Below is a plot of the O2 Circuit with Narrowband at the bottom of the chart, and an LC-1 at the top. The LC-1 is set to 13.8 (the red dotted line) but it would have the same look at any programmed AFR. The thing that jumps out is how solidly the Motronic locks the LC-1 onto the target AFR.
In the bottom chart the O2 Circuit & Narrowband was set to 13.8:1. The result was 14.0:1 at hot idle (the red line) and 13.6 (the blue line) at 80MPH cruise. Different loads resulted in different Closed Loop AFRs. Interestingly higher loads lead to richer mixtures which isn't terrible—some might even say it's a good feature. (Hotter exhaust makes the O2 sensor produce a given voltage at a richer mixture.)
This means the spread was ±0.2 AFR between idle and 80 mph and that was with the narrowband pulled a long way off its design point. There are some additional data sets below the charts. (Note that the first few minutes is very rich. That's the Open Loop Cold-Start Fueling.)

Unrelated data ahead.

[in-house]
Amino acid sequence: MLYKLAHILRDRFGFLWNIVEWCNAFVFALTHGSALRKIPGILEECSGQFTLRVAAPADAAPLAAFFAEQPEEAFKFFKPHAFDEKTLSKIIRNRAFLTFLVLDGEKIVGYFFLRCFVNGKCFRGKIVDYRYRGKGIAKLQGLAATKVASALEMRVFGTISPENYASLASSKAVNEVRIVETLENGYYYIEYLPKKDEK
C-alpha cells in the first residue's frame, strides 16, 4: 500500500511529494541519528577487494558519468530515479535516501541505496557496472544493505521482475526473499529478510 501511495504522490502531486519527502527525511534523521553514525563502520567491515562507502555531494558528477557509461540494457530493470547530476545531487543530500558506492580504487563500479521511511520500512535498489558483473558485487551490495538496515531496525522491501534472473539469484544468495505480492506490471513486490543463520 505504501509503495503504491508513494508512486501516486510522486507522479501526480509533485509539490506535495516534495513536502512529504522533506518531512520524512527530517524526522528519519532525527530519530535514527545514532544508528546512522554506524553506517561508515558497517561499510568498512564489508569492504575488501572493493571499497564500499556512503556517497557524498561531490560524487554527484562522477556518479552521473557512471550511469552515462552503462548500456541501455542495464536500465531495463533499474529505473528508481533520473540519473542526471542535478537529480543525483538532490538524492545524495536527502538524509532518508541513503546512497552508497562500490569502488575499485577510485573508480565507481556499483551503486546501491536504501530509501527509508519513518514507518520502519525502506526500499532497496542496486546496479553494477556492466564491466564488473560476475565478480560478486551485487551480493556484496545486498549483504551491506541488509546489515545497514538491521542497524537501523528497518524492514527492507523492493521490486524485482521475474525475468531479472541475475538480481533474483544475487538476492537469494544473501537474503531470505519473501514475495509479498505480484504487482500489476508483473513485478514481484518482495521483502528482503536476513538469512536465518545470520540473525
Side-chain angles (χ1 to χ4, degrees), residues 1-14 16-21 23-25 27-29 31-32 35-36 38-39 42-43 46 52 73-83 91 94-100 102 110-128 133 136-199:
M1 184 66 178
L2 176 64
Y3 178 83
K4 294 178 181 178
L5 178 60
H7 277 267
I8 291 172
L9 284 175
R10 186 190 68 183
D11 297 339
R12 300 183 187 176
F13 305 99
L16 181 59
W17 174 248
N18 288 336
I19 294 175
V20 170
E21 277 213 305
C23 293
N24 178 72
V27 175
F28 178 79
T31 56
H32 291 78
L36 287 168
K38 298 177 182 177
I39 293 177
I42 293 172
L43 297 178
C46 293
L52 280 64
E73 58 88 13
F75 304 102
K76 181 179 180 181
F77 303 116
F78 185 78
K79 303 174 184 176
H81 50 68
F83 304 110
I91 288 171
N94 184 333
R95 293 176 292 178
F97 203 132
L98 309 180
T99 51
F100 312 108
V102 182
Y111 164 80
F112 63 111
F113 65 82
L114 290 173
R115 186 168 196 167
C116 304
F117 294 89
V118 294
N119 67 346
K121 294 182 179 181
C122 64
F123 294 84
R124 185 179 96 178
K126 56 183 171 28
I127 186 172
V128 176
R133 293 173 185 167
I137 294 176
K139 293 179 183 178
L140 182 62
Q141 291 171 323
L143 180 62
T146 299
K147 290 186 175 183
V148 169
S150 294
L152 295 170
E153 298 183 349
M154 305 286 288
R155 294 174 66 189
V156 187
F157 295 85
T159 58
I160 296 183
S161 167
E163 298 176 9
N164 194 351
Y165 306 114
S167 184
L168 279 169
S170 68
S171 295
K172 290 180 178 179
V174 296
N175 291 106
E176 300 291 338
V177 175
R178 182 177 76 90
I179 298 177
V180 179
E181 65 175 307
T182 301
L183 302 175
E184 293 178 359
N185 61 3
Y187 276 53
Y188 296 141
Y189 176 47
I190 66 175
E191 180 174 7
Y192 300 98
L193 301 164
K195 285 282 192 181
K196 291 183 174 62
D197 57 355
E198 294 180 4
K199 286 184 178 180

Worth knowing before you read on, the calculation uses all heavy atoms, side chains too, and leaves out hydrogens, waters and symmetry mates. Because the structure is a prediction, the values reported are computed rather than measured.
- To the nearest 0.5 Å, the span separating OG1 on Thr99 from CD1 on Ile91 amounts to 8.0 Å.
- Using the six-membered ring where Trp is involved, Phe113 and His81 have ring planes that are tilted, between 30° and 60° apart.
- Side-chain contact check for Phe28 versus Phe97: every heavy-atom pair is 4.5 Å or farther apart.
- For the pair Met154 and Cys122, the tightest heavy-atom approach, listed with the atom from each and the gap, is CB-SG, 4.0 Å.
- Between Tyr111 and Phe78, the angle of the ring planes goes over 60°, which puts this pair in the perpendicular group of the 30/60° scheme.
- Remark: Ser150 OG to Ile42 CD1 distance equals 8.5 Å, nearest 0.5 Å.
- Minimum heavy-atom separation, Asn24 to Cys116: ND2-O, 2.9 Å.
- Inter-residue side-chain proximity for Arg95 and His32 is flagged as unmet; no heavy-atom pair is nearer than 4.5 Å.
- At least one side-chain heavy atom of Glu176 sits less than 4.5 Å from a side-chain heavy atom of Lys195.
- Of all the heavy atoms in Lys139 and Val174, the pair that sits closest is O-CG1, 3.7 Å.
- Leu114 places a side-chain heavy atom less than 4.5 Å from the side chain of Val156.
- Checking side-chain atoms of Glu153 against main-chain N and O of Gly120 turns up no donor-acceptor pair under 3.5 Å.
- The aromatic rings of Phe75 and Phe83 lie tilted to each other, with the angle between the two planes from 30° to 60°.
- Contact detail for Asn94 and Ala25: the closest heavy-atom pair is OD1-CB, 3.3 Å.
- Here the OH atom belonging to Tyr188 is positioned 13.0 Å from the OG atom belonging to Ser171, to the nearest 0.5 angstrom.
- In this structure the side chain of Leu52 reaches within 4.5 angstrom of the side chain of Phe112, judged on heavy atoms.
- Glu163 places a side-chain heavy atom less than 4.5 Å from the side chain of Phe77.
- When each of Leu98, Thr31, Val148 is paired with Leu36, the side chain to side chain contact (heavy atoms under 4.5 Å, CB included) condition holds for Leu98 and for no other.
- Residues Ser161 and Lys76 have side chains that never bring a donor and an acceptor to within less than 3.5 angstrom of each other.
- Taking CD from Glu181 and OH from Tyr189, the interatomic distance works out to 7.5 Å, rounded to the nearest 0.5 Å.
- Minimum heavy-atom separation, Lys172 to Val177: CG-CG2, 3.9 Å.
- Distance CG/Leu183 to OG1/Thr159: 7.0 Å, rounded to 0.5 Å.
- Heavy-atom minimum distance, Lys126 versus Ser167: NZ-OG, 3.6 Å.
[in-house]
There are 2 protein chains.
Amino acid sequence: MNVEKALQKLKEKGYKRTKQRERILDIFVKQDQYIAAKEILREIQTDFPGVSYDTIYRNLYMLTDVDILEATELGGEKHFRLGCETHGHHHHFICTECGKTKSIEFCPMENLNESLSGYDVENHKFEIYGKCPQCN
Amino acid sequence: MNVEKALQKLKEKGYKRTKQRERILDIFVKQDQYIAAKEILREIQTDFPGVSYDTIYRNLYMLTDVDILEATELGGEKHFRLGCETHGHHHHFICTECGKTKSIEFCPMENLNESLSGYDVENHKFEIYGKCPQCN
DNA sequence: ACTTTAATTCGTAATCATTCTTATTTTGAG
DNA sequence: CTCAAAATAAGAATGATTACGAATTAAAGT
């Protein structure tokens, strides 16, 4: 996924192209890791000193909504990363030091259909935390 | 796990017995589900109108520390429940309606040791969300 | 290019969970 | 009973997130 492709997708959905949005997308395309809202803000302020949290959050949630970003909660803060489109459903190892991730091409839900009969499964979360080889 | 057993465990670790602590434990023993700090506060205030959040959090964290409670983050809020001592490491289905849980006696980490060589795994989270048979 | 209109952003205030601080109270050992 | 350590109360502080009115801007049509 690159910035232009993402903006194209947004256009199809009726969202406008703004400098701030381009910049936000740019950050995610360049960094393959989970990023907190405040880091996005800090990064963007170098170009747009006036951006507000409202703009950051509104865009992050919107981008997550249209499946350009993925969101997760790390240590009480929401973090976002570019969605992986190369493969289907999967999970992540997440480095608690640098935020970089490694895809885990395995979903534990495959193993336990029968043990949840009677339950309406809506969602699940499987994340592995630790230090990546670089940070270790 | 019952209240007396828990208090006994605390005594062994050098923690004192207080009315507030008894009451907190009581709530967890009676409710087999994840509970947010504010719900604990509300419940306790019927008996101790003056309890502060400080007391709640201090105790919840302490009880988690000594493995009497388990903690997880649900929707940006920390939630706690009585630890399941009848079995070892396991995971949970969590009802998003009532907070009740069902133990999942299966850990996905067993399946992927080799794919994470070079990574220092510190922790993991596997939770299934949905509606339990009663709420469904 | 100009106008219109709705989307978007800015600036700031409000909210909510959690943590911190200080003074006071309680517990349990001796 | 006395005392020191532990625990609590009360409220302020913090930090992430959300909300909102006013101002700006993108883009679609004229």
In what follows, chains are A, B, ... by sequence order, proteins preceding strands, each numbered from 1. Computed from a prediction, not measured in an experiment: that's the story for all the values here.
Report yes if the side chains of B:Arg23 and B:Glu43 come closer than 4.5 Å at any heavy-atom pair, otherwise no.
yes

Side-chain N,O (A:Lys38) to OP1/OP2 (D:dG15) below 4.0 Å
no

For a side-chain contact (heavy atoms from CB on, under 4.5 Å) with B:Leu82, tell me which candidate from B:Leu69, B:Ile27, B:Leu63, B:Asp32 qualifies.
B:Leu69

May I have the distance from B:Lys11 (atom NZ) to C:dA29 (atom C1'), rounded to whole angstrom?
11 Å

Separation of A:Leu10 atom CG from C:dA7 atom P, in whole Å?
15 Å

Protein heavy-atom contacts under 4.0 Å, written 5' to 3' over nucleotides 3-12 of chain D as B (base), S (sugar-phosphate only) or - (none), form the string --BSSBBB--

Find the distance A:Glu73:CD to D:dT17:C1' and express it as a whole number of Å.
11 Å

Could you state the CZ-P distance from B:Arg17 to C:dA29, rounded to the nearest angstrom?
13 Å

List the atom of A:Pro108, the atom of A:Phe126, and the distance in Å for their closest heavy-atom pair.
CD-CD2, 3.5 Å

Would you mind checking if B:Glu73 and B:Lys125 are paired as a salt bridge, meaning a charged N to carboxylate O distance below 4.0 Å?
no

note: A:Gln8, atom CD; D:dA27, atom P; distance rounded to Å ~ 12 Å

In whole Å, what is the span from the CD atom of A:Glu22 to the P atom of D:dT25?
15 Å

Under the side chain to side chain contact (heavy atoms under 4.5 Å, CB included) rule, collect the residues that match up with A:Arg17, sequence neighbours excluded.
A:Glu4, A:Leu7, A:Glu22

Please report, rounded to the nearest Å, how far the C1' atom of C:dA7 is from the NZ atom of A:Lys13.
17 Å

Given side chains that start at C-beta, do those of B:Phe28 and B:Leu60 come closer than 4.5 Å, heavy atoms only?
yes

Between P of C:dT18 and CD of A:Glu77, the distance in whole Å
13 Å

After two more test rides, I have a good data base at three settings. Setting 5, 7 and 8 are actual and setting 6 is estimated but I will ride it later. The data look pretty good. The curves for the various settings all look like the one above. Here are the different results:
S8: 13.8 ±0.2 AFR
S7: 14.1 ±0.2
S6: 14.3 ±0.15 (estimated)
S5: 14.45 ±0.125
It is my opinion that most bikes will run great at setting 6 or 7. An important point here is that when you richen closed loop AFR, the open loop fueling gets richer too, coming along for the ride through a process known as Adaptation.
As I said earlier, because of the heating, the mixtures get a little richer with higher loads. Looking at those numbers above, the lean end of the range occurs at idle and the rich end of the range happens at 80 mph.
There are still a few small adjustments to make to voltage levels and to the algorithm. Then a few pre-production units.